Distinguishing Damages Paid from Compensation Received: A Thought Experiment

40 Pages Posted: 7 Aug 2017

See all articles by Peter Lee

Peter Lee

University of California, Davis - School of Law

Date Written: August 4, 2017

Abstract

This symposium contribution argues that the shortcomings of patent damages doctrine arise in part from the conflicting normative aims of this body of law. On the one hand, patent damages should provide just enough compensation to induce invention and commercialization of a technology but nothing more, thus mitigating deadweight loss. On the other hand, damages should deter infringement and shunt would-be infringers into licensing negotiations with patentees. The current regime of “make-whole” damages largely effectuates the second aim by providing patentees with the full market value of their infringed technologies, even when such damages exceed inducement costs. To help resolve this divergence, this Article proposes distinguishing the amount of compensation that patentees receive from the amount of damages that infringers pay. Within this framework, infringers would pay damages based on the current regime of make-whole damages, thus deterring infringement and encouraging licensing. However, courts would compensate a patentee up to this amount based on the patentee’s inducement costs of invention and commercialization, including a reasonable profit. If make-whole damages paid by an infringer exceed inducement costs, courts would allocate any surplus to government agencies to fund research and development, thus advancing the goals of the patent system. This Article assesses the pros and cons of this proposal, observing that such a “decoupling” regime encourages patentees and infringers to settle, thus eliminating any patent surplus. This is a feature rather than a bug, however, as such settlement would promote more competitive market entry relative to the current status quo while guarding against overly diminishing incentives to invent.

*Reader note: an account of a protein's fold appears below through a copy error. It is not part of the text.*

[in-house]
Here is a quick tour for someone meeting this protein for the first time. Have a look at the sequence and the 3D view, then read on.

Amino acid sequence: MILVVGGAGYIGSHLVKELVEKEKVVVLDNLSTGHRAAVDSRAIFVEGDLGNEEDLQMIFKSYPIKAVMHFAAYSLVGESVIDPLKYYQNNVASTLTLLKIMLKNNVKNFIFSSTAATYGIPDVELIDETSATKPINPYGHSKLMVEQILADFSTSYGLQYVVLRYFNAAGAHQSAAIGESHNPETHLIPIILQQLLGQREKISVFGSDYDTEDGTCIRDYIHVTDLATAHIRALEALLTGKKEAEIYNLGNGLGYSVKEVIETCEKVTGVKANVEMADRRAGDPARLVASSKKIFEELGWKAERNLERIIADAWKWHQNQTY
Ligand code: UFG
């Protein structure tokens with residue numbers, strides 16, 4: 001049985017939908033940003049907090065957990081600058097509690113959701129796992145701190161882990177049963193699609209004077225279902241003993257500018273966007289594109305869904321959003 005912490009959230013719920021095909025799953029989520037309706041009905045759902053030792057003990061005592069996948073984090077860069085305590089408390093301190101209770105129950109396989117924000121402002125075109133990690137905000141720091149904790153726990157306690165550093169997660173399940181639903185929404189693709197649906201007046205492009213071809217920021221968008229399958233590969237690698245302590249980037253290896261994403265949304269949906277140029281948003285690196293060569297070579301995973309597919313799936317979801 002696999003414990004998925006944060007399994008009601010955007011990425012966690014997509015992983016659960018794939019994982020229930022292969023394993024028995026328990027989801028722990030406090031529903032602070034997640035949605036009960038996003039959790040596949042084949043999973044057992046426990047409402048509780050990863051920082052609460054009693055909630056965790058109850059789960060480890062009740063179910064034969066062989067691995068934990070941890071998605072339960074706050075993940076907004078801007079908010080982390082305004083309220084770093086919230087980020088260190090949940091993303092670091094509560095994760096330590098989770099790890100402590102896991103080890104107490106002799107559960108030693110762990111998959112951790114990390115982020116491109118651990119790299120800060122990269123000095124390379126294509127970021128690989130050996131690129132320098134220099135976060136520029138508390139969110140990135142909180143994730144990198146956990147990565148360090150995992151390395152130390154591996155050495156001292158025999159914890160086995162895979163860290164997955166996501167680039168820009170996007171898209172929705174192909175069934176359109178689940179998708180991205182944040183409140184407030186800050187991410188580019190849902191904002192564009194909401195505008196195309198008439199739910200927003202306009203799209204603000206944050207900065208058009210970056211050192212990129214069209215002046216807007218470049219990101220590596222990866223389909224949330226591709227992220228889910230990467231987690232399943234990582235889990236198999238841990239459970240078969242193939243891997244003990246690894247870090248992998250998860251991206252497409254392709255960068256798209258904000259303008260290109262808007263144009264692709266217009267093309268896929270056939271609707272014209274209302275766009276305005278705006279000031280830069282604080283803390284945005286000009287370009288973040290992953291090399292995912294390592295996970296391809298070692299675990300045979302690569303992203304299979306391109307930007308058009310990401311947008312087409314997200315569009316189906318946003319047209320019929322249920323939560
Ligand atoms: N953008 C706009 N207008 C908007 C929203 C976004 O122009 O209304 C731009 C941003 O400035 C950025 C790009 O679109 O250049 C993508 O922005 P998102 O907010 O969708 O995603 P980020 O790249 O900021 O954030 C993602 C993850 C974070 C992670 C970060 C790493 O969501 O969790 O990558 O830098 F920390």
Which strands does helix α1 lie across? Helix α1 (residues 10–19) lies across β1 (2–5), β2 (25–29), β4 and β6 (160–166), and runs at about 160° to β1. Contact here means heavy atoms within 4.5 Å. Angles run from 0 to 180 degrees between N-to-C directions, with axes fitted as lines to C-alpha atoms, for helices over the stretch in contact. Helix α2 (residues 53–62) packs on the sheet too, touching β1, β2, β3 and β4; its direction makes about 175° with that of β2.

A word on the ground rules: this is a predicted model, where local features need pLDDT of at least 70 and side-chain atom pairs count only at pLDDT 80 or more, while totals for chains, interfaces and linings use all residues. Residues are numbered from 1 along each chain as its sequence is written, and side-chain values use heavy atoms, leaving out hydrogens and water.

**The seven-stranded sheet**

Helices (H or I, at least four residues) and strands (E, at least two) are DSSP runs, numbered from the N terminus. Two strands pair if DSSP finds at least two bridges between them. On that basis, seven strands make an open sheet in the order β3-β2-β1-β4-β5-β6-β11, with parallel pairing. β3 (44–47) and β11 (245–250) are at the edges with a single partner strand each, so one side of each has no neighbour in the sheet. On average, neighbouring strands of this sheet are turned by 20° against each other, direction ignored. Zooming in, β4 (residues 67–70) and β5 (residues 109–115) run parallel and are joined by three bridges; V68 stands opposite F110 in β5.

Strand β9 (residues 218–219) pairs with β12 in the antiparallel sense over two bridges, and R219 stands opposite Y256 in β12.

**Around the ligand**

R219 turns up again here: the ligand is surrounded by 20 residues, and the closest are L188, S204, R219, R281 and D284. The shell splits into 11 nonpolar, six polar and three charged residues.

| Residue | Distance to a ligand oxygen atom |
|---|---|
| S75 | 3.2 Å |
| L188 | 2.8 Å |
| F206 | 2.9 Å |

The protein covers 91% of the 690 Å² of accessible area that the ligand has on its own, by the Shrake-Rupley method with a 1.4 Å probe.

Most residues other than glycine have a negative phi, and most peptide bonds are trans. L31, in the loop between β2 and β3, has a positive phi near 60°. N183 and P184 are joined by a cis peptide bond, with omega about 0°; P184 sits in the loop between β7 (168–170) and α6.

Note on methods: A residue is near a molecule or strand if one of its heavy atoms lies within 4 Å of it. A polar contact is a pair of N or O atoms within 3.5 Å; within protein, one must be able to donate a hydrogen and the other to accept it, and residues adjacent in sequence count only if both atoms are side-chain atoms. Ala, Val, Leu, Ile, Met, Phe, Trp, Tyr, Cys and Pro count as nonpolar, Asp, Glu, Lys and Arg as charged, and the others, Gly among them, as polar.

Keywords: patents, infringement, damages, remedies, inducement, decoupling, settlement

Suggested Citation

Lee, Peter, Distinguishing Damages Paid from Compensation Received: A Thought Experiment (August 4, 2017). Texas Intellectual Property Law Journal (2017, Forthcoming); UC Davis Legal Studies Research Paper . Available at SSRN: https://ssrn.com/abstract=3013793

Peter Lee (Contact Author)

University of California, Davis - School of Law ( email )

Martin Luther King, Jr. Hall
Davis, CA CA 95616-5201
United States

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